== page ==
London’s rivals: the case for Berlin as alternative financial hub Germany’s capital offers a growing tech sector and lower property prices for those looking to move on in the wake of Brexit Read next Brussels hustles for business from London.

Berlin is already showing a strong appeal to Londoners deserting the UK, although few of them are bankers. Its booming tech and start-up sectors are luring British twenty-something coders, designers and software professionals to the city. In Berlin, jobs in the information and communication sectors grew by more than a fifth in the decade to 2015, according to Oxford Economics. Between 2013 and 2020, McKinsey estimates that Berlin’s start-up sector could create 100,000 new jobs.

Karl Zeller of local agent Bewocon, estimates that 15,000 former Londoners now live in Berlin — 50 per cent more than in 2013. Hipsters who have escaped bankers’ bars in Shoreditch for trendy Kreuzberg will be dismayed to learn that Berlin also has a sizeable financial sector. Bundled up with the broader “business” category, it comprised 30 per cent of the city’s economy in 2015, a total of $55bn a year, according to Oxford Economics. This is not far off the $63bn generated by financial and business services in Frankfurt, Germany’s financial capital. Berlin’s growing tech scene is only one reason for the city’s appeal to émigré Londoners. The other is property prices that are a fraction of those in the UK capital. According to Savills, average prices for prime Berlin homes are €5,480 per sq metre; in London it is €14,100 per sq metre, rising to €23,400 in central London. Berlin property may not remain a bargain for long, however. Knight Frank estimates prime prices gained 9 per cent in the year to December 2016 and 31 per cent in the three years to then.

Three-bedroom loft conversion apartment in Charlottenburg, €3.75m Recent price inflation is partly due to a shortage of supply. Until 2008 Berlin was characterised by empty apartments, says Zeller. The city authorities responded by cutting back on their building projects; there was a virtual standstill in publicly funded buildings until 2012, he says. Today, this approach looks short-sighted. By September 2015, roughly 40,000 people were arriving in Berlin every year, according to Ziegert, a Berlin estate agent. Professor Michael Voigtländer, of the Cologne Institute for Economic Research, estimates demand for living space will grow a further 15 per cent between 2012 and 2030.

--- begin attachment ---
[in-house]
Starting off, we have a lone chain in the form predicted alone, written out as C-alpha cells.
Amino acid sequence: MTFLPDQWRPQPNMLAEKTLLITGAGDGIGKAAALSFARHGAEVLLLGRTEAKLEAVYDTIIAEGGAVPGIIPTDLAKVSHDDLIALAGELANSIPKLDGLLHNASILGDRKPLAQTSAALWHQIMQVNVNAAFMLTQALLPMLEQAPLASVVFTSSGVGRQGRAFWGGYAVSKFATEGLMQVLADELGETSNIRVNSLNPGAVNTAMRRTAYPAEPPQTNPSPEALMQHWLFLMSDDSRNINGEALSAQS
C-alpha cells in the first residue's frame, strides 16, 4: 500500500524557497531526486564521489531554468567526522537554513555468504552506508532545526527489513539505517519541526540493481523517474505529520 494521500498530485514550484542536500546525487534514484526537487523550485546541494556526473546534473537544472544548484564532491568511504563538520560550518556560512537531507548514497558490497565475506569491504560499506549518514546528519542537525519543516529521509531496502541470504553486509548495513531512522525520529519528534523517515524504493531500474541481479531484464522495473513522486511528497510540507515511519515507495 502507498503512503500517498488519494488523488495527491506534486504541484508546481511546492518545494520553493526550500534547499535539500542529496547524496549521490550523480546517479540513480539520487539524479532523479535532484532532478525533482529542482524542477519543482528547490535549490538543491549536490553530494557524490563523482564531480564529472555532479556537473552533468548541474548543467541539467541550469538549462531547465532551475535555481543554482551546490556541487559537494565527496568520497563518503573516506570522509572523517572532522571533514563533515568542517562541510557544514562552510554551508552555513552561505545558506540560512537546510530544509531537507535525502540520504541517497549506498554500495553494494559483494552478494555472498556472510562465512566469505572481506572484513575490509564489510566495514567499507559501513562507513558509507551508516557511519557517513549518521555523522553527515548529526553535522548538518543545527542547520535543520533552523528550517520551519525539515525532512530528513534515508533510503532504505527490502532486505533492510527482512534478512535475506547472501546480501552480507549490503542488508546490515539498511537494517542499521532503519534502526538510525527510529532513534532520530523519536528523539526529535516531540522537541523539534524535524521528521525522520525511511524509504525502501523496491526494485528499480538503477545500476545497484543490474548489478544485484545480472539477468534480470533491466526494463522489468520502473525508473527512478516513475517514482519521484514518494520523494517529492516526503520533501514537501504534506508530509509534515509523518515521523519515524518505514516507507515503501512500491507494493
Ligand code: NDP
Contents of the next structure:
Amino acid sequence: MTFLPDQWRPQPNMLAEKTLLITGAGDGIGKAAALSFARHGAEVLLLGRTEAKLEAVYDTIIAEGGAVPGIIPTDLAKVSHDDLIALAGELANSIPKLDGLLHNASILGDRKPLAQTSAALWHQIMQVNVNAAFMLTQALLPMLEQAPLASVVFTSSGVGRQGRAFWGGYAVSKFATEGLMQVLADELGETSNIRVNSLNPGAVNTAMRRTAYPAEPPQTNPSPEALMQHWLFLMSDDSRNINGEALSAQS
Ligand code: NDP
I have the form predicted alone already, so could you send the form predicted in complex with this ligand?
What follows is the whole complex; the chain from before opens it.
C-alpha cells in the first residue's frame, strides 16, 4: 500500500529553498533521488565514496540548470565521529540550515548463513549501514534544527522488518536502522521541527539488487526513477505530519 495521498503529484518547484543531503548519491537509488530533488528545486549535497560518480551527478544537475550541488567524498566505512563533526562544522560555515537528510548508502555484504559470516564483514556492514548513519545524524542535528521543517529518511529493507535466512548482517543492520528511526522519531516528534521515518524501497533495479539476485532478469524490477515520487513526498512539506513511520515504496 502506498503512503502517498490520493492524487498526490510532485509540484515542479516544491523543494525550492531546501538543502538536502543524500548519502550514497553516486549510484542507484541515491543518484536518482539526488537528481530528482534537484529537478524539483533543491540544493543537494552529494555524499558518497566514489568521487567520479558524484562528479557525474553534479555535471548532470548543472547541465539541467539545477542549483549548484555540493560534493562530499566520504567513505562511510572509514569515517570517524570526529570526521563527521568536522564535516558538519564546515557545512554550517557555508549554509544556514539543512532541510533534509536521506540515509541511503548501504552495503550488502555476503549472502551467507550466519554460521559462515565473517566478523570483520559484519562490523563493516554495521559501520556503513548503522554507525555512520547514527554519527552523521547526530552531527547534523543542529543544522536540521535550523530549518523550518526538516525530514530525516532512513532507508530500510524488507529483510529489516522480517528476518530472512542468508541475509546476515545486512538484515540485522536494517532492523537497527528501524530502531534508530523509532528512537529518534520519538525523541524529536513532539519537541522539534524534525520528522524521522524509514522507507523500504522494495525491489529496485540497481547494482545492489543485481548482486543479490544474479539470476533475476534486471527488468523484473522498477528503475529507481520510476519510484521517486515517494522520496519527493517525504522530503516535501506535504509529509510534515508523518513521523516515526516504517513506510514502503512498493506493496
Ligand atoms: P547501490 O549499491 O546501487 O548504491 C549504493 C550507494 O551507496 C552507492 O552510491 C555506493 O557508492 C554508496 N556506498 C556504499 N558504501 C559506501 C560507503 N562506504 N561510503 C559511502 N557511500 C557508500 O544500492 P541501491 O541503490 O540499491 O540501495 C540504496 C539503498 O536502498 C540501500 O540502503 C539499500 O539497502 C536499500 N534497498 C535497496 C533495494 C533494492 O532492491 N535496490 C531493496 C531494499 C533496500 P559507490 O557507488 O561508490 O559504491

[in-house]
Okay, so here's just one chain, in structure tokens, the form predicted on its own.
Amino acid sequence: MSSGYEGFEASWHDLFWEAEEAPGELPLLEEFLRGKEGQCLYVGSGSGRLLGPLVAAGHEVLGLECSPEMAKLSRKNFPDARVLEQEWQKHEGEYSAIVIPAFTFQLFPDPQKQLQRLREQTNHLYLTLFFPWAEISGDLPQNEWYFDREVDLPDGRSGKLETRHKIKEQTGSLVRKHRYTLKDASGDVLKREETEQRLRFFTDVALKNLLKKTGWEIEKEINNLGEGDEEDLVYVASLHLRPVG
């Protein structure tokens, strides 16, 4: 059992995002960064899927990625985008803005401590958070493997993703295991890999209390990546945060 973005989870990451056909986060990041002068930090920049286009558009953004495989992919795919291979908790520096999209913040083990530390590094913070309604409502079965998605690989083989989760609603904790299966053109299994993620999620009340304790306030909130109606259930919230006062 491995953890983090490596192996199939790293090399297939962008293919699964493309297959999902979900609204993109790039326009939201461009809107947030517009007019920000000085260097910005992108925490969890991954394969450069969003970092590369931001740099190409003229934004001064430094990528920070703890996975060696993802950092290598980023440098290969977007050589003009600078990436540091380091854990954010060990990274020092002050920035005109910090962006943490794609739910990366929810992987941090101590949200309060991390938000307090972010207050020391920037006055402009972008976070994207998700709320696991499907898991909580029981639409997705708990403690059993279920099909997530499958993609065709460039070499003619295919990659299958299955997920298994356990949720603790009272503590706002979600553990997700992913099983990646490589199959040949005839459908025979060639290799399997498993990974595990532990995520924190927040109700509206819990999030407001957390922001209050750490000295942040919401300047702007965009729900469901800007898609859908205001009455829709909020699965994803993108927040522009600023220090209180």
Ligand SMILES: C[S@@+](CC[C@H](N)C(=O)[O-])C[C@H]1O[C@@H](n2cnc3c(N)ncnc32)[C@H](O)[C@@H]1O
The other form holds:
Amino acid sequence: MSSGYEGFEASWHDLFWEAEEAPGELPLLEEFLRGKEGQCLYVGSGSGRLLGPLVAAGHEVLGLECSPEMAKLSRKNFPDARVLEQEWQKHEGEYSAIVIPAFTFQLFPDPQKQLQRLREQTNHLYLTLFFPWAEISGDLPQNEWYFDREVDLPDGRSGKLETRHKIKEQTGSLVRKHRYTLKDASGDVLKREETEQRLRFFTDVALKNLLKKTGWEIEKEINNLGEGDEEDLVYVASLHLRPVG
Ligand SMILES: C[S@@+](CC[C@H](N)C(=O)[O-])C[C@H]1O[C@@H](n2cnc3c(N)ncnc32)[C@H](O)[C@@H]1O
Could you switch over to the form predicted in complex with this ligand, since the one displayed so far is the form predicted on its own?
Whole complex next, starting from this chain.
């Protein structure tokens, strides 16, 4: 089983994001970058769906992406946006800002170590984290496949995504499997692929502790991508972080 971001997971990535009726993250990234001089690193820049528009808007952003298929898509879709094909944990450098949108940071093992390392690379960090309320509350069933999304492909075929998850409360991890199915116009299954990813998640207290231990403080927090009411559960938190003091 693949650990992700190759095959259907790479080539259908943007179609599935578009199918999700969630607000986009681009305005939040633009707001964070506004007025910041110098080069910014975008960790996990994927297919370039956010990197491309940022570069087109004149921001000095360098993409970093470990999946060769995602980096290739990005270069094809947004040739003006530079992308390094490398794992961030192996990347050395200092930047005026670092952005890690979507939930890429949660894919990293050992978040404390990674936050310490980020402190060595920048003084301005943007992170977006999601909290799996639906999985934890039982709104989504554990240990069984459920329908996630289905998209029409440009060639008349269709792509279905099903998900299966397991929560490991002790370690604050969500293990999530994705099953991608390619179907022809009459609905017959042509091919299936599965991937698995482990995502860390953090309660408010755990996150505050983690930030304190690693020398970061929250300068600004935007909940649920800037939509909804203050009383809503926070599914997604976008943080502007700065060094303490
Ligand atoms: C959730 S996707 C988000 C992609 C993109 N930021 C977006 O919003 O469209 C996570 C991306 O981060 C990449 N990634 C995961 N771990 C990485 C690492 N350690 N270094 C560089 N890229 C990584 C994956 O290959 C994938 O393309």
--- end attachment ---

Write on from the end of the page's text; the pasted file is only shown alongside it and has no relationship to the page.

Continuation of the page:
Today, besides Kreuzberg, south of Berlin’s historic centre, many hipsters look for a home in Tiergarten. To the west of Berlin’s centre, around the huge public park, the area boasts a wide ethnic mix and low rents, says Jörg Schmidt of Ziegert. Emigré bankers are more likely to opt for Mitte. The East Berlin heartland was heavily bombed during the war, with many areas left undeveloped in the years that followed. Now, a range of smart new building units are springing up between the area’s iconic landmarks, which include the Brandenburg Gate and Museum Island. A short walk from the Brandenburg Gate, in Potsdamer Platz, Sotheby’s is selling a two-bedroom apartment for €2.95m.

Charlottenburg, in the former West Berlin, which boasts some of the city’s finest shopping, is another prime location. On the square at Wittenbergplatz, in Charlottenburg, Bewocon is selling a one-bedroom penthouse for €4.78m. On the edge of Charlottenburg, off the Kurfürstendamm, one of Berlin’s most prestigious avenues, Sotheby’s is selling a three-bedroom apartment with a roof terrace and sauna for €3.75m. If the UK’s exit from the EU does culminate in London’s bankers fetching up in Berlin, they can expect a warm welcome from locals — if not London hipsters. In 2016, the Association of German Banks found that 89 per cent of Germans were satisfied with their bank, an even higher proportion than in 2008, before the financial crisis, when the figure was 82 per cent. What you can buy for . . . €500,000 A small two-bedroom apartment on Auguststrasse in Mitte €1m A three-bedroom house with a small garden, near Lake Havel in Wannsee €2m A three-bedroom penthouse in Prenzlauer Berg, north-east of the centre City assets

● Accessibility There are direct flights from Berlin to New York (nine hours) and to London (one hour, 50 minutes)

● Regulation Germany is the 17th easiest country in the world in which to do business, according to the World Bank’s latest index

● Existing infrastructure Brandenburg Gate is two minutes by subway from the financial district in Potsdamer Platz. Subway and suburban trains are supplemented by a large tram network

● Residential property Average prime prices are about a third of those in prime central London and less than half of prime Paris. The cost of living in Berlin is roughly 25 per cent cheaper than that of London